Date functions in Excel
If you're using dates in one of your spreadsheets and you find yourself manually updating those dates then you should consider looking into the many Data and Time functions available in Excel. I'll cover some of the ones I find more useful and then provide some real world examples of how to use these functions.
Note: Some of the functions I discuss require that the *Analysis ToolPak add-in be installed. To do this in Excel, go to Tools->Add-Ins. Ensure that the Analysis ToolPak checkbox is selected. If it isn't then select it and Excel will install the Add-In.
Excel handles dates as sequential numbers starting from January 1, 1900. Any date in excel can be converted into a 'serial number' which makes it easy to perform calculations using dates. For example, January 1, 1900 is serial number 1 and February 10, 2006 is serial number 38758.
Say you have a large list of dates and you want to determine the average number
of days between dates. An example might be an organization that tracks when
incidents occur by logging the date of the incident. Look at Figure 1 above
and you can see that there is a list of dates when incidents occurred. The
second column calculates the number of days between those dates by simple use of
subtraction. The formula used in cell B3 is
=A3-A2 which gives a result of
What about business days? Excel has a function for that called
NETWORKDAYS function has three parameters that it will accept:
holidays. This is why I have a list of holidays
in column H, it tells the
NETWORKDAYS function to omit those dates as
business days. The
holidays parameter is optional but you must enter a
start_date and an
end_date. To calculate the business days the formula in
C3 looks like this:
=NETWORKDAYS(A2,A3,H$3:H$11) which returns 17. The
dollar signs prevent excel from automatically incrementing the cell numbers when
copying and pasting this formula. If we didn't use the dollar signs and copied
the C3 to C4 the formula would look like
which isn't correct since the holiday list is from H3 to H11.
Now that we have the number of days between incidents we can figure out a few
things such as the longest or average time between incidents. We can also use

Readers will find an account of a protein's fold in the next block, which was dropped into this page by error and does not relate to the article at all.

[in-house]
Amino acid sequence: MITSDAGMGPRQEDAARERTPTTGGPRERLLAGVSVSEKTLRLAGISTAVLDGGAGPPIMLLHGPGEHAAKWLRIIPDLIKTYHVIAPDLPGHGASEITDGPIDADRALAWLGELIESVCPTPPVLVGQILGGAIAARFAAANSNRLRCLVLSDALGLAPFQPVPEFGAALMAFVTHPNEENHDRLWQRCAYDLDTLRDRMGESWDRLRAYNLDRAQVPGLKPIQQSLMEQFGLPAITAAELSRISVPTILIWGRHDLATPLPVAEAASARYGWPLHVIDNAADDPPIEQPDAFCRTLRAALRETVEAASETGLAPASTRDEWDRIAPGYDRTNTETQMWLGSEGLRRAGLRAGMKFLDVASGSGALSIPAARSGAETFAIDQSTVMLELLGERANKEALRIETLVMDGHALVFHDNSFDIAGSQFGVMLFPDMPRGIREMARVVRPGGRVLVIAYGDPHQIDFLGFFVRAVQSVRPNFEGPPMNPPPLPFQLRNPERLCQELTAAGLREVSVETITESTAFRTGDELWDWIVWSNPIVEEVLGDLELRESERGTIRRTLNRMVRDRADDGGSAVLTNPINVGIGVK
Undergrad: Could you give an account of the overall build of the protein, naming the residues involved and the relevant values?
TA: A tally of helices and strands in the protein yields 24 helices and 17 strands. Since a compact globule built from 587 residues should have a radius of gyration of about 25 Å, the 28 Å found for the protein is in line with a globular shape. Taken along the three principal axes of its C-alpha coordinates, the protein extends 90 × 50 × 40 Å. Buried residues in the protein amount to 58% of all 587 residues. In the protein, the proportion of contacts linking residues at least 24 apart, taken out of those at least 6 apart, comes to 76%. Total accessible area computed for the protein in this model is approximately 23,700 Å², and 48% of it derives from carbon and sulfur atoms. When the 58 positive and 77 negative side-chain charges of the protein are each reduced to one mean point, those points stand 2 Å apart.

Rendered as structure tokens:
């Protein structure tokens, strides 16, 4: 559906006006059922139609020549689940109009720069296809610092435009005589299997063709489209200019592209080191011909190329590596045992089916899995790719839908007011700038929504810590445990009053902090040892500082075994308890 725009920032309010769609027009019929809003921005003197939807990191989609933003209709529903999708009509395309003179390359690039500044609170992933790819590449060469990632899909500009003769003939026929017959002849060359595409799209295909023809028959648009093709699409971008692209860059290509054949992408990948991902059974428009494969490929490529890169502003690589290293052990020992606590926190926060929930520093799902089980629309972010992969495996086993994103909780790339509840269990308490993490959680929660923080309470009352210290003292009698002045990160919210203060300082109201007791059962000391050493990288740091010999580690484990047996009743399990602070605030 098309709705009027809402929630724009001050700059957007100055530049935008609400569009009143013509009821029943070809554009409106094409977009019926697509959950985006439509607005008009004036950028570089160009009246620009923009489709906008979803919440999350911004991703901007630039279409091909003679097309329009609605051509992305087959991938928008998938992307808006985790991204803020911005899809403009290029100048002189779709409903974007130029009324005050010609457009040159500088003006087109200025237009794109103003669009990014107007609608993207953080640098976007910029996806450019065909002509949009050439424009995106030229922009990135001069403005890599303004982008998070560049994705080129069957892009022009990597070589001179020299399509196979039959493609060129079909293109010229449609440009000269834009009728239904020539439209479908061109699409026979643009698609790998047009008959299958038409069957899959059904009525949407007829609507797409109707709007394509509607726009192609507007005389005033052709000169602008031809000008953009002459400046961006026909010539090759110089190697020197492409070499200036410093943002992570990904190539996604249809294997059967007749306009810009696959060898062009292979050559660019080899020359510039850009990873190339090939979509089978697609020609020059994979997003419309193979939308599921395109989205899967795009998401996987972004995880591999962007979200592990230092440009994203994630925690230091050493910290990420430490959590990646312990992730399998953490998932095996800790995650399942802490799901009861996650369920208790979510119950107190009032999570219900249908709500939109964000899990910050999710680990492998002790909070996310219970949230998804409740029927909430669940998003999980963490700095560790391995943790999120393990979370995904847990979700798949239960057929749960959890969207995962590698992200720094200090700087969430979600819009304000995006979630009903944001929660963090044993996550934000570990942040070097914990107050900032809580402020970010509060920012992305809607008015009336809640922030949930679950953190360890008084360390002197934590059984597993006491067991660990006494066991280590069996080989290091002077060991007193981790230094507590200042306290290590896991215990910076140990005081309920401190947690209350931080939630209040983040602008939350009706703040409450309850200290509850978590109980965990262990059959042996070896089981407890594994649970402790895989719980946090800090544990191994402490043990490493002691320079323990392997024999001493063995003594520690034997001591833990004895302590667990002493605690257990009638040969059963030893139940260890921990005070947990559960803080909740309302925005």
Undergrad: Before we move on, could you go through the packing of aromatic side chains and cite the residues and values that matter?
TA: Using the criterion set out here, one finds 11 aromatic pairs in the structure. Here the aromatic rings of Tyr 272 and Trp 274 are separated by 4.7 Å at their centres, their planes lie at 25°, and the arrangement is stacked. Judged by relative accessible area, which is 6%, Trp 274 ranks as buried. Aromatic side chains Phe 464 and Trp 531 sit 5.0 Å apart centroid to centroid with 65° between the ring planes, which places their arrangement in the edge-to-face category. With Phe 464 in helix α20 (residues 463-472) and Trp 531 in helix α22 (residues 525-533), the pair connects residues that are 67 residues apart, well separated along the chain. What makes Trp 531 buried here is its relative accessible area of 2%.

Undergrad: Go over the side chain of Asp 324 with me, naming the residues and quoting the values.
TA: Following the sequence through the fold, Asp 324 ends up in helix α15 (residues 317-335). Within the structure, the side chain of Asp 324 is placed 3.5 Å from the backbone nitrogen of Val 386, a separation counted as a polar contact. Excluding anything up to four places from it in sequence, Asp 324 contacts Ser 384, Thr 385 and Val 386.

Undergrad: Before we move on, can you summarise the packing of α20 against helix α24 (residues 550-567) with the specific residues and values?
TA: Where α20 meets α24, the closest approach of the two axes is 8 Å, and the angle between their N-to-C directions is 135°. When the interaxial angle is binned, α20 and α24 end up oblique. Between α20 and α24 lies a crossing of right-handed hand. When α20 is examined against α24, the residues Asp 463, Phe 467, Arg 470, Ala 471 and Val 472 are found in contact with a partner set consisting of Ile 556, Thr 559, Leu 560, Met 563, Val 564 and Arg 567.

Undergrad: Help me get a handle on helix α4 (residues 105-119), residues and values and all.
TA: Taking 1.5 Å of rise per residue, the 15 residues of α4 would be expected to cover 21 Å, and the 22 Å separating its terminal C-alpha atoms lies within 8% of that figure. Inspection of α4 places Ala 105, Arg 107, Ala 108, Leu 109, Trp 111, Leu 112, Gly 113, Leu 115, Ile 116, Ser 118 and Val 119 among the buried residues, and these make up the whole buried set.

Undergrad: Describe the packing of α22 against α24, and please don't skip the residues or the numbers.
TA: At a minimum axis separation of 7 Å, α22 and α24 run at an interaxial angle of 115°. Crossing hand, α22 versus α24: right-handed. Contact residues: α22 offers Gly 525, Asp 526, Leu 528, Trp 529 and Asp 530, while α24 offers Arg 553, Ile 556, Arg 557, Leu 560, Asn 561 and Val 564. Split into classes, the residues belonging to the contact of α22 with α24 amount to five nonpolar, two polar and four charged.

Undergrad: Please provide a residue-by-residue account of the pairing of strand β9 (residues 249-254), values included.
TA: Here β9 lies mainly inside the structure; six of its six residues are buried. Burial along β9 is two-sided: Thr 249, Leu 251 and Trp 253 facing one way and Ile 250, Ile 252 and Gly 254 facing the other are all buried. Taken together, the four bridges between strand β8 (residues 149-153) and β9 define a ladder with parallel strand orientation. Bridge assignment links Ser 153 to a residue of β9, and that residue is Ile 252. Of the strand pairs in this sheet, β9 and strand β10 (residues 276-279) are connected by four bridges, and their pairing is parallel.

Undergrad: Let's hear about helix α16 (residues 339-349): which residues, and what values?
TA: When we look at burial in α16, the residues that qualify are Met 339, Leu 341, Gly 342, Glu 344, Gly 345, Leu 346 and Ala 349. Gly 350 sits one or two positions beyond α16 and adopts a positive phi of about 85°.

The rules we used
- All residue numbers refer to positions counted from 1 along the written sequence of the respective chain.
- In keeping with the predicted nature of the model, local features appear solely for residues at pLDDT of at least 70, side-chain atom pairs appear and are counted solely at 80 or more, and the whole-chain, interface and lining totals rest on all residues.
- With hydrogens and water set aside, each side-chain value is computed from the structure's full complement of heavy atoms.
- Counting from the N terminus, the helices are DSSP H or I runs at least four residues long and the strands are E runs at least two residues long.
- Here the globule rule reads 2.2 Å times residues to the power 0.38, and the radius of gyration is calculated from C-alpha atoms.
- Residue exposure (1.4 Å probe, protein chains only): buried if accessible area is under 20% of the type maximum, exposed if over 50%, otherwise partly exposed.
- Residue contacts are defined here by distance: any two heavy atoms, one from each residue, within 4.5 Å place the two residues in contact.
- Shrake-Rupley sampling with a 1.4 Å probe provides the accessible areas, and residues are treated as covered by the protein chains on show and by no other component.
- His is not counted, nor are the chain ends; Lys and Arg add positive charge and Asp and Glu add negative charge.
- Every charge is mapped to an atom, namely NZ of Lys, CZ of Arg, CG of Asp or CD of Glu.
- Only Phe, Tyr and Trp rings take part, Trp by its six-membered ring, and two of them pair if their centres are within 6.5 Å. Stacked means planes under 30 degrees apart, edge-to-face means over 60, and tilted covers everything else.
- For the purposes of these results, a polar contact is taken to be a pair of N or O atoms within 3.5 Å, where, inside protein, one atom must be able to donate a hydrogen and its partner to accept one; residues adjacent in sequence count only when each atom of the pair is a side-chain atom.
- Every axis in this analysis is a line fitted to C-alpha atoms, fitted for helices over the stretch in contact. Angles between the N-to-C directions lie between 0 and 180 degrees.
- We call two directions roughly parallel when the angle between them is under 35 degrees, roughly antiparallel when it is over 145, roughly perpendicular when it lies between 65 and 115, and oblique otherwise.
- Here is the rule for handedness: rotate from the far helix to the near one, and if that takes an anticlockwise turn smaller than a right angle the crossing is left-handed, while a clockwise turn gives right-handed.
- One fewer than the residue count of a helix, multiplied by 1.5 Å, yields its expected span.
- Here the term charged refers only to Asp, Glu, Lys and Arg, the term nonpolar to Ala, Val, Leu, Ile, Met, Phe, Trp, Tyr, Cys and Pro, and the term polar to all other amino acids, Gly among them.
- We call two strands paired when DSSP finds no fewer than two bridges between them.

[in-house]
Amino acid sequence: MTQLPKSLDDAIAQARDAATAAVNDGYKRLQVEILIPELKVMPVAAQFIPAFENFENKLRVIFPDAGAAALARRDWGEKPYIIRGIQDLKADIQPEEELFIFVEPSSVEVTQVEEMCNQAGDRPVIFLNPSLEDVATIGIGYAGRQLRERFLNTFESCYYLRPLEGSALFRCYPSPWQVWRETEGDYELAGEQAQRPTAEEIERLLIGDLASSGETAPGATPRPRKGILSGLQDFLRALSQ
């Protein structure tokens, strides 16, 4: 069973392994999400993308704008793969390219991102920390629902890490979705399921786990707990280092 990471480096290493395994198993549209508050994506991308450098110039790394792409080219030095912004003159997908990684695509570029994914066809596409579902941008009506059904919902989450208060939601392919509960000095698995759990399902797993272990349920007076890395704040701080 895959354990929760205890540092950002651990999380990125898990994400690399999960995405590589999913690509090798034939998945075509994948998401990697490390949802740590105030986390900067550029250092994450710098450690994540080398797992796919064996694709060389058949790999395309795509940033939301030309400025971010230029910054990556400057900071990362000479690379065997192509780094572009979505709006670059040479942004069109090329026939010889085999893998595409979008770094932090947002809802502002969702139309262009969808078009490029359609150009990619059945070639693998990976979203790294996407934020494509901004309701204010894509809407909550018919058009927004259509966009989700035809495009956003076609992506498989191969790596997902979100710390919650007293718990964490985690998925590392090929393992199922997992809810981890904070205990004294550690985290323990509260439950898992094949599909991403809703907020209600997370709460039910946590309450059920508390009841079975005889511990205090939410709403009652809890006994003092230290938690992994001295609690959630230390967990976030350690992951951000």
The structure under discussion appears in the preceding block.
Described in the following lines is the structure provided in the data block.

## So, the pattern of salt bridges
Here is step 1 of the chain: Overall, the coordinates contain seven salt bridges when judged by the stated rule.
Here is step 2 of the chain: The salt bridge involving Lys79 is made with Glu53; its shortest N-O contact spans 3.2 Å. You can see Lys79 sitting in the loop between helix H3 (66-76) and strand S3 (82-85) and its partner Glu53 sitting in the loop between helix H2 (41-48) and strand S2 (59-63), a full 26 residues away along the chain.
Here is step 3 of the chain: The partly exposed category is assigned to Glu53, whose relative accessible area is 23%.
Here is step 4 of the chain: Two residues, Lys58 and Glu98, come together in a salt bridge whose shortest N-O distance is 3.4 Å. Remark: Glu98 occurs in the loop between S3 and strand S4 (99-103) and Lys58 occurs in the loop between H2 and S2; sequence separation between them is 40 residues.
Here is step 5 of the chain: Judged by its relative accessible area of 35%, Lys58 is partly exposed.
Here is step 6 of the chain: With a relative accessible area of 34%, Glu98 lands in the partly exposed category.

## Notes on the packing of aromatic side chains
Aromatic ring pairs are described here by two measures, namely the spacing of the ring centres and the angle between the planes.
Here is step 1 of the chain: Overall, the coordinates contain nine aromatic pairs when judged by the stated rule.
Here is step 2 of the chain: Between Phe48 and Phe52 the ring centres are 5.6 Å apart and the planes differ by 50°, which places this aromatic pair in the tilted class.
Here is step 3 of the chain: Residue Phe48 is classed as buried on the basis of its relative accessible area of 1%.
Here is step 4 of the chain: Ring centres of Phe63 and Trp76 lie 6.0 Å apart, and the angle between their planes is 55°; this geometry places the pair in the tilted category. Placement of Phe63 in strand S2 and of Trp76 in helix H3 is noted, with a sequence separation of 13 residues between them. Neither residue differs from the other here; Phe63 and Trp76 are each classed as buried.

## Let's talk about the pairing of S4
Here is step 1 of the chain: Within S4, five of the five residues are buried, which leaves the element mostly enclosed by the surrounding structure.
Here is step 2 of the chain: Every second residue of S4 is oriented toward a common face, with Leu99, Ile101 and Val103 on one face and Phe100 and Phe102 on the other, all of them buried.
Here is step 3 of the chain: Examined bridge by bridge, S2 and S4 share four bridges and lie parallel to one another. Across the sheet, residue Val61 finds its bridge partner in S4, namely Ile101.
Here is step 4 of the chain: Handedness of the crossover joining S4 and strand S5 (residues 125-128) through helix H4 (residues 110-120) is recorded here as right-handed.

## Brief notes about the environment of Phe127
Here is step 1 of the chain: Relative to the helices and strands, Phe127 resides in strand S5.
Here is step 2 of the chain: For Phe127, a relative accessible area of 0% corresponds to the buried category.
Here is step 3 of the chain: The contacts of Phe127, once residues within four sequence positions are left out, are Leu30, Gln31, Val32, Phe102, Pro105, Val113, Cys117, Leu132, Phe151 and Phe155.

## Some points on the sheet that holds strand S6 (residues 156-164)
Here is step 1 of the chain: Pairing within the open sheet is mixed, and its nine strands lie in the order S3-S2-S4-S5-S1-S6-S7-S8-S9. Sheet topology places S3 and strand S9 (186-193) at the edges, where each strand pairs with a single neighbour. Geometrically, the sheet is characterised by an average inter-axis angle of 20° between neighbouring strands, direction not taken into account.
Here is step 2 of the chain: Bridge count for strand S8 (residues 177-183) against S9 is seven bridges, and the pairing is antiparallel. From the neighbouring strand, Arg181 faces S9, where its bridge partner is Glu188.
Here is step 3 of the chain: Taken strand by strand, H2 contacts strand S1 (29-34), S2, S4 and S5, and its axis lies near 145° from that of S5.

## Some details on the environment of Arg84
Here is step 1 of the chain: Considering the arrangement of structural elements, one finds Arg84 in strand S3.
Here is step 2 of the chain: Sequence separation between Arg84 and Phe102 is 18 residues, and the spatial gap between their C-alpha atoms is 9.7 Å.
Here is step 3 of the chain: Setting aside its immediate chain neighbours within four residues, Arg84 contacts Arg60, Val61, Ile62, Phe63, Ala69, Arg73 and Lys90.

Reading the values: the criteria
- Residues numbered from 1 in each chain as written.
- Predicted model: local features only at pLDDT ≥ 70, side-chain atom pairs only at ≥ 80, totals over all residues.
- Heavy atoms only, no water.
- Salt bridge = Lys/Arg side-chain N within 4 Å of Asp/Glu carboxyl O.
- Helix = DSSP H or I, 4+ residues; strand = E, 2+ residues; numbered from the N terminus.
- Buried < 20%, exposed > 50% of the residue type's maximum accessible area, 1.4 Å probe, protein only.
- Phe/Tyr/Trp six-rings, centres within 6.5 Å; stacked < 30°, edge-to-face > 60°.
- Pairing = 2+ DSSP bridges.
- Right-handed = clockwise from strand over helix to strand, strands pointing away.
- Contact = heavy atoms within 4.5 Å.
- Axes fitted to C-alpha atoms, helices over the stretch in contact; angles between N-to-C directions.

TODAY() function to figure out how long it's been since the last incident.
TODAY() function returns today's date, which means whenever you open the
spreadsheet it will automatically have today's date in the cell. We also know
that the last date an incident occurred which allows us to figure out how many
days since the last incident. The functions are as follows: Today's Date in cell
=TODAY() and # Bus. Days Since Last Incident in cell F11:
=NETWORKDAYS(F10,F9,H3:H11). The dollar signs aren't really necessary here
since I'm not copying and pasting that formula.
In the month column we use the
MONTH function which takes a serial number as a
parameter. This is what the function looks like for cell D2:
which returns 1 for January. There is also similar functions such as
WEEKDAY which returns the day of the week for a specific date.
To count up the incidents per month use the
COUNTIF function which will only
count something in a list of numbers if it meets the criteria you specify.
Obviously for January we only want to count an incident in the list of incidents
if it happened when the month was 1. The
COUNTIF accepts 2 parameters in this
criteria. The range is the entire range of cells you want to
look at and the criteria tells the function when to count a cell. For the
January case the formula in cell F15 looks like this:
=COUNTIF(D$2:D$14,1). For February it is the same except the criteria is that
the Month has to be a 2, e.g.
These are just a few examples of what can be done with Dates in Excel. I encourage you to take a look at the Excel Help file as it contains a lot of great information on how to use the functions mentioned in this tutorial and others that were not.